[MARMAM] New Article: A computational fluid dynamics (CFD) based method for assessing the hydrodynamic impact of animal borne data loggers on host marine mammals.

Chris McKnight jcm20 at st-andrews.ac.uk
Tue May 21 04:03:39 PDT 2019


New Article: A computational fluid dynamics (CFD) based method for
assessing the hydrodynamic impact of animal borne data loggers on host
marine mammals.

Dear MARMAM,

We are pleased to announce our publication:

Kyte A., Pass C., Pemberton R., Sharman M. and McKnight J. C (2019). A
computational fluid dynamics (CFD) based method for assessing the
hydrodynamic impact of animal borne data loggers on host marine mammals.
Marine Mammal Science.
https://doi.org/10.1111/mms.12540


Abstract:

Animal‐borne data loggers (ABDLs) or “tags” are regularly used to elucidate
animal ecology and physiology, but current literature highlights the need
to assess associated deleterious impacts including increased resistive
force to motion. Previous studies have used computational fluid dynamics
(CFD) to estimate this impact, but many suffer limitations (*e.g*.,
inaccurate turbulence modeling, neglecting boundary layer transition,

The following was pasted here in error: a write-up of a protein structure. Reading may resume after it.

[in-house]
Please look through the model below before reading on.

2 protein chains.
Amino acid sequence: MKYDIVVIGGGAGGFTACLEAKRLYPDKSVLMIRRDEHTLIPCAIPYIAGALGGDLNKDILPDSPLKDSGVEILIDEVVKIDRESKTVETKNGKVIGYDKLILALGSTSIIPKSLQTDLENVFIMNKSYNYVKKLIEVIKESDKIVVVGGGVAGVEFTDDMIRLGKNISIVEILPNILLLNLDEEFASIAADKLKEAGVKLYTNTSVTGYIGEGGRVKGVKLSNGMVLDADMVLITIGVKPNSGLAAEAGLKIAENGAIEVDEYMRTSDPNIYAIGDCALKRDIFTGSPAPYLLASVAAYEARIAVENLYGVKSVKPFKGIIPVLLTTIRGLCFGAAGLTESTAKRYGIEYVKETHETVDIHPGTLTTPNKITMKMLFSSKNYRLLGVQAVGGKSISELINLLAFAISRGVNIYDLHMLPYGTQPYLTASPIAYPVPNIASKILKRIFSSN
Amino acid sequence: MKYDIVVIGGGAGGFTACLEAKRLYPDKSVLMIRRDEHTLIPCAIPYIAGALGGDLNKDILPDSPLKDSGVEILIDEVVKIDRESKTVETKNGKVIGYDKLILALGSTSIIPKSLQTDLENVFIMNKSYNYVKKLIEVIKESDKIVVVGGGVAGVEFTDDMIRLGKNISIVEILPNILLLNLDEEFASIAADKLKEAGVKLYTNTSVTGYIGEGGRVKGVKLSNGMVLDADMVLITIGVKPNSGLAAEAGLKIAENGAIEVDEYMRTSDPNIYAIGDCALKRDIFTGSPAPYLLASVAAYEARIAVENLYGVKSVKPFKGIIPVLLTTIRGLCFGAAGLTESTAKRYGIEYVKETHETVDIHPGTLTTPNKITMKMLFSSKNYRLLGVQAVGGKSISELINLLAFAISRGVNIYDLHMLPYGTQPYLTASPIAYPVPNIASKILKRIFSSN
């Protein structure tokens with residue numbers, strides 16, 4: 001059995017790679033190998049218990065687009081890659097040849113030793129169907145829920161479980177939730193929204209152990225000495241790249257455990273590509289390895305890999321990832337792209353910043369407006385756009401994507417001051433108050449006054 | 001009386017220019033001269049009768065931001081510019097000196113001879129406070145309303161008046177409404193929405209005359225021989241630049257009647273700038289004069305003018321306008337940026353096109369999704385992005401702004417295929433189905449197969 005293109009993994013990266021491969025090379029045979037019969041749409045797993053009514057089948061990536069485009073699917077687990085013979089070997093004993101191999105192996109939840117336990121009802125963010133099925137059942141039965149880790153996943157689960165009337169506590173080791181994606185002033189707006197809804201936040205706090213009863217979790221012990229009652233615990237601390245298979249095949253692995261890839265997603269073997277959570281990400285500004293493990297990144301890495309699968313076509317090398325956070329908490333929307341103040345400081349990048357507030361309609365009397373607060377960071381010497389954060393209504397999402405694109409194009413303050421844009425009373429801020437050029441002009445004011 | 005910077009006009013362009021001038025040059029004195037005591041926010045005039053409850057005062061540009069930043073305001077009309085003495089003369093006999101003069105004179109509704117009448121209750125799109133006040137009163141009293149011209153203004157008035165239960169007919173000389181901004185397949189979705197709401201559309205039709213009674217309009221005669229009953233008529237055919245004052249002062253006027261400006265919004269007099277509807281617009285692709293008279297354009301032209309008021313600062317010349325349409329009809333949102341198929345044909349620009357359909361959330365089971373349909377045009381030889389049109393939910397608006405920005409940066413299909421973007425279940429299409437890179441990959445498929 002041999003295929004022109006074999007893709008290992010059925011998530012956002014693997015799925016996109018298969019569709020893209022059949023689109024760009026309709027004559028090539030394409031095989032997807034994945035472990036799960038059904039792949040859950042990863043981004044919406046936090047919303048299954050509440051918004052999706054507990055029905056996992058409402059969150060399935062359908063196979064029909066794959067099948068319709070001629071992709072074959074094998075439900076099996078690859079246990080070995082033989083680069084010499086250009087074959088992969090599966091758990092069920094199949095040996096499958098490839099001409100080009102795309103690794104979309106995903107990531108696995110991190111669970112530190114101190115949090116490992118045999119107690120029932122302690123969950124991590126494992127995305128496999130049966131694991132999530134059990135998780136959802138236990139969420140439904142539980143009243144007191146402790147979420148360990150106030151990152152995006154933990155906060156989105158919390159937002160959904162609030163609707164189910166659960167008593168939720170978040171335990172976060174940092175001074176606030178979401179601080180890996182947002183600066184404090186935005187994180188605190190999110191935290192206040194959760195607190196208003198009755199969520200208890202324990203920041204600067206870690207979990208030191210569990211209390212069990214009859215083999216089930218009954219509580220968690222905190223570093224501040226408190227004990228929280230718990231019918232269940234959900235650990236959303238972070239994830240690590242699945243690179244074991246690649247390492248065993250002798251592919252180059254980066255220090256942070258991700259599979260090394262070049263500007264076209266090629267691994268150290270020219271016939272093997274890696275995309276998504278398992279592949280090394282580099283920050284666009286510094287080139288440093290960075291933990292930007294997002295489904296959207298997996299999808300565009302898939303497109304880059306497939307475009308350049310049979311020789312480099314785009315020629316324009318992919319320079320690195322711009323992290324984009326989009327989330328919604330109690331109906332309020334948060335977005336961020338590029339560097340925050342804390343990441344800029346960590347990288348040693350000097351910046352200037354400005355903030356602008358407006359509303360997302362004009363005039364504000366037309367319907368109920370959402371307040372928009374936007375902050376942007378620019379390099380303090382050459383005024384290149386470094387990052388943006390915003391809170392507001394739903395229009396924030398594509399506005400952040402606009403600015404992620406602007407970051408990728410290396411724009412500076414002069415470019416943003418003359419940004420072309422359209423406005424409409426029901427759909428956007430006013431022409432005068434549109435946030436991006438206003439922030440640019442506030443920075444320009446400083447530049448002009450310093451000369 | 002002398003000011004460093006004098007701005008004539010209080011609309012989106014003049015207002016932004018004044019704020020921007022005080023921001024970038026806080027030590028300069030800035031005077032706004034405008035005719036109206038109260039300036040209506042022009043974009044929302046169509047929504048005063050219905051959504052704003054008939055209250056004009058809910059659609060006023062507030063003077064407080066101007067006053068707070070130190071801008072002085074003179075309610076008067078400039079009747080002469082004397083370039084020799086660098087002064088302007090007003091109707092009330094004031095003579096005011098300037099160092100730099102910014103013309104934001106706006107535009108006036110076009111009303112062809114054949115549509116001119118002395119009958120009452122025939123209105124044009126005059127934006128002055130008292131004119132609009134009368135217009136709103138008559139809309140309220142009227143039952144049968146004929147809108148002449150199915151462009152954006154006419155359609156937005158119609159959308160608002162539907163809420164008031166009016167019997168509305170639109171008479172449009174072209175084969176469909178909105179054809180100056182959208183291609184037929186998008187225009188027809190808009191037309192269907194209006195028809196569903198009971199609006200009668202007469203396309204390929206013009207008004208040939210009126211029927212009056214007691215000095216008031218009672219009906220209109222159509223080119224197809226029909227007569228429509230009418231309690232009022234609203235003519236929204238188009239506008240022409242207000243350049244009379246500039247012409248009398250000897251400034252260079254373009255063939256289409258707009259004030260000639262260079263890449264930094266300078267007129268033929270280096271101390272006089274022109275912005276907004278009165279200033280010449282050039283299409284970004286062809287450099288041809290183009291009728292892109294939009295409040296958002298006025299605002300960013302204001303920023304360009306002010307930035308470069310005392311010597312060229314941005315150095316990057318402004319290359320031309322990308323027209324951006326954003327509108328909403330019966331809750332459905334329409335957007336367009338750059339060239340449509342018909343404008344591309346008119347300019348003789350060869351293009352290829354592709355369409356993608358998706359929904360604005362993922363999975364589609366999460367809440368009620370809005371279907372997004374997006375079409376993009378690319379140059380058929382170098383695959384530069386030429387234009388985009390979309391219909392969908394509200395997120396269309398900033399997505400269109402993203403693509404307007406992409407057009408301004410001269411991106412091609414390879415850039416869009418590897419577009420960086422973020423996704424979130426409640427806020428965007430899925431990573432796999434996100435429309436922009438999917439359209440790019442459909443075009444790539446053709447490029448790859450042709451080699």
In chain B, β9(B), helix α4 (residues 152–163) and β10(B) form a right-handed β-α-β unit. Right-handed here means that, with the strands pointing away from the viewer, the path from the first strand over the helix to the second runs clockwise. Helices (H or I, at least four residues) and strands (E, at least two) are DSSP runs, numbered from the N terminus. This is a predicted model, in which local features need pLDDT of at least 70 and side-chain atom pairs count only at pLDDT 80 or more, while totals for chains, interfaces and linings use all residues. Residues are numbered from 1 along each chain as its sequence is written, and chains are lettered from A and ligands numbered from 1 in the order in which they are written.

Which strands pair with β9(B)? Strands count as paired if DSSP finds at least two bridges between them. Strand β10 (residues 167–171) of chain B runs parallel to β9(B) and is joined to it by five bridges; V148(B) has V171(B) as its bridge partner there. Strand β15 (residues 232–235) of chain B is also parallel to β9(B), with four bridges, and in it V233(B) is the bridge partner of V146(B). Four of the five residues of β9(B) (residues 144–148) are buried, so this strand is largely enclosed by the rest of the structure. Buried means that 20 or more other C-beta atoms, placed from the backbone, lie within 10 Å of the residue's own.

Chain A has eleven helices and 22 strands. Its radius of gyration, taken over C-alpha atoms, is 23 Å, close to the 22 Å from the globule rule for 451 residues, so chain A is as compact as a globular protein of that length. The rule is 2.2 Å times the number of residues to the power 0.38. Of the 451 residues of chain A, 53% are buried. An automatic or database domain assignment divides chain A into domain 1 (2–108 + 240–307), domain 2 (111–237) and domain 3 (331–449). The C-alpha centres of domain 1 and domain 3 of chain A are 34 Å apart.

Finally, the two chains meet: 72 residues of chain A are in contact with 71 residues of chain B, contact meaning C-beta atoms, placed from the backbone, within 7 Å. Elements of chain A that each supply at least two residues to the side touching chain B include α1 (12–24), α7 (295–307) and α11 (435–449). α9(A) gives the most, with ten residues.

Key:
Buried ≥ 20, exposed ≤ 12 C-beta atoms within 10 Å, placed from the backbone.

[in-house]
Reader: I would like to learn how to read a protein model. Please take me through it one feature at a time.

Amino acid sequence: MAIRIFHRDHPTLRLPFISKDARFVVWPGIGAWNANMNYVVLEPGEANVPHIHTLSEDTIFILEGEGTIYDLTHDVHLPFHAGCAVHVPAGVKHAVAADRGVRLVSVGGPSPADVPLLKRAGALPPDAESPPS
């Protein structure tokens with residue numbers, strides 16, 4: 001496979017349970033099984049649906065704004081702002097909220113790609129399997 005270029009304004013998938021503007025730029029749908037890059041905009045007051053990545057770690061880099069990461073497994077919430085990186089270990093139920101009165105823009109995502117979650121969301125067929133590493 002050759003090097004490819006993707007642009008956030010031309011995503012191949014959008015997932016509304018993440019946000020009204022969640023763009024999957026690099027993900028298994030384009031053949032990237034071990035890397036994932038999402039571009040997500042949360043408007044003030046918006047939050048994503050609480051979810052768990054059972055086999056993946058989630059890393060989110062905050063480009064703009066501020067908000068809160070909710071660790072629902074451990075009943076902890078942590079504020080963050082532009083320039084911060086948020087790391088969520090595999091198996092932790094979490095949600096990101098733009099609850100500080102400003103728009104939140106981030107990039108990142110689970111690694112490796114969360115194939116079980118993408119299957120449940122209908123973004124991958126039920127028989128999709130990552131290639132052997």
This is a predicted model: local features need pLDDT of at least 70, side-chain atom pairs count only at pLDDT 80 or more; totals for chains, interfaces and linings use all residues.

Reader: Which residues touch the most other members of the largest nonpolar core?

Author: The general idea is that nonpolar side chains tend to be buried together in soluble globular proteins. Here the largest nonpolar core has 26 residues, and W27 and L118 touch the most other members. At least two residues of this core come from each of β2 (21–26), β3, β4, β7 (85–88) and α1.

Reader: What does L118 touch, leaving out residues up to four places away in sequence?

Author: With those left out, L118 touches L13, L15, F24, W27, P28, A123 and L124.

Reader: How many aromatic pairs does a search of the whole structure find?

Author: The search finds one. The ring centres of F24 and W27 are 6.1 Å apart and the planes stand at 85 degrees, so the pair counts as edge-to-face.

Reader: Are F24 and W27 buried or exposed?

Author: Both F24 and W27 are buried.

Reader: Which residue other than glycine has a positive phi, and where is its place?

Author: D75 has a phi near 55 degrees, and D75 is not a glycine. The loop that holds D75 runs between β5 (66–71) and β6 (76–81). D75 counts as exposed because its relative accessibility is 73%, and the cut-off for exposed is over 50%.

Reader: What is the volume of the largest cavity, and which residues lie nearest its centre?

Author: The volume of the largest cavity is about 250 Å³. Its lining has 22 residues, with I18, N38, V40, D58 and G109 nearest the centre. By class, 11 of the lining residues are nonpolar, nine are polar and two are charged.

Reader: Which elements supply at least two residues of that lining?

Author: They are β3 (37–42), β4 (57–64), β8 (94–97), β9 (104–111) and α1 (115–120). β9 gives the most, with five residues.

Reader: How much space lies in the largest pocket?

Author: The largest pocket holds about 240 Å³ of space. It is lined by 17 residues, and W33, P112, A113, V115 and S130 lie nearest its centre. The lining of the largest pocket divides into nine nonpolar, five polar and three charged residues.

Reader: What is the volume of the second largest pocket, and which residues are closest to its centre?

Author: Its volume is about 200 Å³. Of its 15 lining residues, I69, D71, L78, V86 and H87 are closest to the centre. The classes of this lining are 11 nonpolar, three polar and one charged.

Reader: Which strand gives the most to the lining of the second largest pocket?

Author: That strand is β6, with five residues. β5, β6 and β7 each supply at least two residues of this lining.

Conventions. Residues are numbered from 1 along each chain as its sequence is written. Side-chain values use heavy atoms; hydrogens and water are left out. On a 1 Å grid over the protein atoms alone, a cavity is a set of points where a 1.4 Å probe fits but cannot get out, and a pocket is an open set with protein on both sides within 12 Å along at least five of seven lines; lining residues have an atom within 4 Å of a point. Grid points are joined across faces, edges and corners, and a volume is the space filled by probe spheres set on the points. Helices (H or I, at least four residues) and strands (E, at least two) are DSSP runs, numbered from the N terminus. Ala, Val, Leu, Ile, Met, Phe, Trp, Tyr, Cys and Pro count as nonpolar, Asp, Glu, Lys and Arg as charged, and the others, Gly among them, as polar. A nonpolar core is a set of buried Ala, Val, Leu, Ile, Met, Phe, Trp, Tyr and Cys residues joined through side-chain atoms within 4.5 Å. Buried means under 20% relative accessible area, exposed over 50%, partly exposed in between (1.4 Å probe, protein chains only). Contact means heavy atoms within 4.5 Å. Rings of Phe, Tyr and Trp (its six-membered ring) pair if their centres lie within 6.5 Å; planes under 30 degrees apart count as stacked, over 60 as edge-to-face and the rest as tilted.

neglecting added mass effects, and analyzing the ABDL in isolation from the
animal).

A novel CFD‐based method is presented in which a “tag impact envelope” is
defined utilizing simulations with and without transition modeling to
define upper and lower drag limits, respectively, and added mass
coefficients are found *via* simulations with sinusoidally varying inlet
velocity, with modified Navier‐Stokes conservation of momentum equations
enforcing a shift to the animal's noninertial reference frame. The method
generates coefficients for calculating total resistive force for any
velocity and acceleration combination, and is validated against theory for
a prolate spheroid. An example case shows ABDL drag impact on a harp seal
of 11.21%–16.24%, with negligible influence on added mass.

By considering the effects of added mass and boundary layer transition, the
approach presented is an enhancement to the CFD‐based ABDL impact
assessment methods previously applied by researchers.


Best wishes,
Chris McKnight
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